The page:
The Green Berets are celebrating the 50th anniversary of their famous name and namesake attire: The U.S. Army Special Forces were created in 1952, but it wasn't until 1961 that President Kennedy officially instituted the colorful cap that gave them their name.
But initially, it wasn't necessarily a place of distinction to be part of the special forces. Before Kennedy showered them with his glamour, special forces were the black sheep of the American military, as CBS News national security correspondent David Martin reports.
Col. Mark Mitchell told Martin that, even today, that belief may remain. He said, "To a certain extent, after ten years of conflict, there is a perception, I think, that we are outsiders -- more as outlaws sometimes."
Martin offered, "Prima donnas?"
Mitchell said, "More as outlaws."
"Outlaws because you're scruffy?" Martin asked.
"Yeah," Mitchell said. "The beards in Afghanistan and the non-standard uniforms and our sometimes unconventional methods of getting things done."
However, Mitchell told Martin after Kennedy traveled to Fort Bragg and awarded them their distinctive green berets, things changed. "It makes a big difference having that, the support from the commander in chief," Mitchell said.
Martin said, "I doubt President Kennedy could have imagined the use to which special forces were put in Afghanistan."
Mitchell replied, "Riding on horseback, calling in air strikes probably would not have been it, it would have been tough for him to envision."
As one of the first Green Berets into Afghanistan after 9/11, Mitchell rode with local Afghan fighters, calling in air strikes on Taliban positions. They almost made it look too easy.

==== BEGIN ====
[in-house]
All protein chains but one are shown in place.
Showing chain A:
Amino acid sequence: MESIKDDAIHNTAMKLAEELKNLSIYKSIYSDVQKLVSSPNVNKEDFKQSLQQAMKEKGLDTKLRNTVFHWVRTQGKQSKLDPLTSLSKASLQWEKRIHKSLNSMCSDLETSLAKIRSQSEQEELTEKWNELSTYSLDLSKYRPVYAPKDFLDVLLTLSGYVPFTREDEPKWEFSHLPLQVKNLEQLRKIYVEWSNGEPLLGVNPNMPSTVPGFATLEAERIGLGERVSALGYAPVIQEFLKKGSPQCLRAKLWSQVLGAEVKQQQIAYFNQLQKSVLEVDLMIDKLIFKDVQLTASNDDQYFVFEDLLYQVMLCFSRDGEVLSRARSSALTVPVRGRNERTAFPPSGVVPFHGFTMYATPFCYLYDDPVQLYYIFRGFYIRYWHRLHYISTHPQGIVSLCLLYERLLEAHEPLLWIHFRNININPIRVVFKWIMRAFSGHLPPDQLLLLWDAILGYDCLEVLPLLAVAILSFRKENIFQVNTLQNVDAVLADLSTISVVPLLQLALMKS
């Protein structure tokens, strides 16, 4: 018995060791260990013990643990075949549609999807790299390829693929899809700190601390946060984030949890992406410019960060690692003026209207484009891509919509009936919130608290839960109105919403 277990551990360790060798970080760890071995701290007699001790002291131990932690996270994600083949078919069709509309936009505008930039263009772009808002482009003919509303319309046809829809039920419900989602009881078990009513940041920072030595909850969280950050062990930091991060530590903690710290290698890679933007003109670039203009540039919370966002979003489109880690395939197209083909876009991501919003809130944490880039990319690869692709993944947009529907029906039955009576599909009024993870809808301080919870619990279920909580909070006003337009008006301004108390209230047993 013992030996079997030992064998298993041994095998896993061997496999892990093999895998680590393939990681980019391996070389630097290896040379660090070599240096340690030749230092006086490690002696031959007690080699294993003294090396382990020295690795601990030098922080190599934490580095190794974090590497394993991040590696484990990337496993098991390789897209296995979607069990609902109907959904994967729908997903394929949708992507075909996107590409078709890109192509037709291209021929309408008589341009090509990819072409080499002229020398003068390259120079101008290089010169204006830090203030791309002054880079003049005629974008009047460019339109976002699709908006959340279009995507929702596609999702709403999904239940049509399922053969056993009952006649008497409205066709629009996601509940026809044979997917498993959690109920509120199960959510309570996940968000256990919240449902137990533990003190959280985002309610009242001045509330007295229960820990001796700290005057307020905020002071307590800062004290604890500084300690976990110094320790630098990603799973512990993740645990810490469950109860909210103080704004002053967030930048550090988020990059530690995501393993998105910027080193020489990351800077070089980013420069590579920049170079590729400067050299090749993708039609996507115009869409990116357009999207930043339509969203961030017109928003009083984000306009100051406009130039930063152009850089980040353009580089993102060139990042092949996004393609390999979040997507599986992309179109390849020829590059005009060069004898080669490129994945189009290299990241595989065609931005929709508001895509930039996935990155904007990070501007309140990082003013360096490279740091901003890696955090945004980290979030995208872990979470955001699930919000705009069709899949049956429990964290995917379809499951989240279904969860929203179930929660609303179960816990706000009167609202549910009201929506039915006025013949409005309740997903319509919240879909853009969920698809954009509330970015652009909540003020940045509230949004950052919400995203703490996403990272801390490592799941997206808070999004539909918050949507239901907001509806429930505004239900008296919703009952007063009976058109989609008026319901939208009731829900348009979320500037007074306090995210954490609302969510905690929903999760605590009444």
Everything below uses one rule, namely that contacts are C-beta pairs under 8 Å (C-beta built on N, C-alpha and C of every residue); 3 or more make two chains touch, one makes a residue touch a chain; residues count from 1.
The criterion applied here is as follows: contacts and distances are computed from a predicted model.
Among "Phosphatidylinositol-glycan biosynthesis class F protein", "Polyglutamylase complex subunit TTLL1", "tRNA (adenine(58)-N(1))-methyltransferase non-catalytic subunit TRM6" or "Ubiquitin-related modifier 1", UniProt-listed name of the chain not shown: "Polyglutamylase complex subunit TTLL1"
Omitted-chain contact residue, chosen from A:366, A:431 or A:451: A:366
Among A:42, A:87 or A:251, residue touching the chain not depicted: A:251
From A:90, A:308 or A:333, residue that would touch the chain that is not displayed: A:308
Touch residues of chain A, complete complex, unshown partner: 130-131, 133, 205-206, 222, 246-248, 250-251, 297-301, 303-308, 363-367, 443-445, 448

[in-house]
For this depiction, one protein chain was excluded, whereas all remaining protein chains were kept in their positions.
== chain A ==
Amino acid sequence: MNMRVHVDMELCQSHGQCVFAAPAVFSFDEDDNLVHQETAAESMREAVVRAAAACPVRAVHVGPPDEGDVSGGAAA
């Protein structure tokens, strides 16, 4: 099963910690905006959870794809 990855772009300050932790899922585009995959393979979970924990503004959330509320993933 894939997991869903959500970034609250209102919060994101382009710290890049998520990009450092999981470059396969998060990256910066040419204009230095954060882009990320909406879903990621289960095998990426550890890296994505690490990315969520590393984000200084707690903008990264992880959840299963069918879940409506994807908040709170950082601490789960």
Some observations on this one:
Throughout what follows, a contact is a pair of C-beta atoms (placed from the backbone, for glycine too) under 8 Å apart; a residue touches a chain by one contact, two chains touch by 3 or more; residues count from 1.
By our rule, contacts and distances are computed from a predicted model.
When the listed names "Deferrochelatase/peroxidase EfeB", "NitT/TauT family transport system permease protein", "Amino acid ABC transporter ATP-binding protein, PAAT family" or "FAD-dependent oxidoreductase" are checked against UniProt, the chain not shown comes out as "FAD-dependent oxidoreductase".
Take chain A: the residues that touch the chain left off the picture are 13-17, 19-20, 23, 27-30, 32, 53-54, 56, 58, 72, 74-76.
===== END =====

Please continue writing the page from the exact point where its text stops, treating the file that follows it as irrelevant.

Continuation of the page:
Mitchell recalled, "I think that we were all surprised, especially, I mean by December we were installing a new Afghan government and it may have created a false sense of security. I don't want to second-guess our national leadership, but I think it did, did appear almost too easy at some point."
We all know now it wasn't easy, either in Afghanistan or Iraq, where special forces were also first in -- hunting for Scud missiles in the western desert -- and will almost certainly be last out.
Currently, there are 14,000 Green Berets, about a 30 percent increase since 9/11. When you add the Army Rangers, the Navy Seals and the Delta Force, there are 60,000 Special Operations Forces in all -- the equivalent of four or five divisions of unconventional soldiers.
On "The Early Show," co-anchor Erica Hill asked if the special forces are being relied on more heavily these days as purse strings are tightened at the Pentagon.
Martin said, "They can score spectacular successes like the bin Laden raid, but they can't win wars single-handedly. Col. Mitchell will tell you special forces could not have overthrown the Taliban without the 15,000 Afghan troops fighting along with them. At the end of the day, you still need troops to seize and hold enemy territory."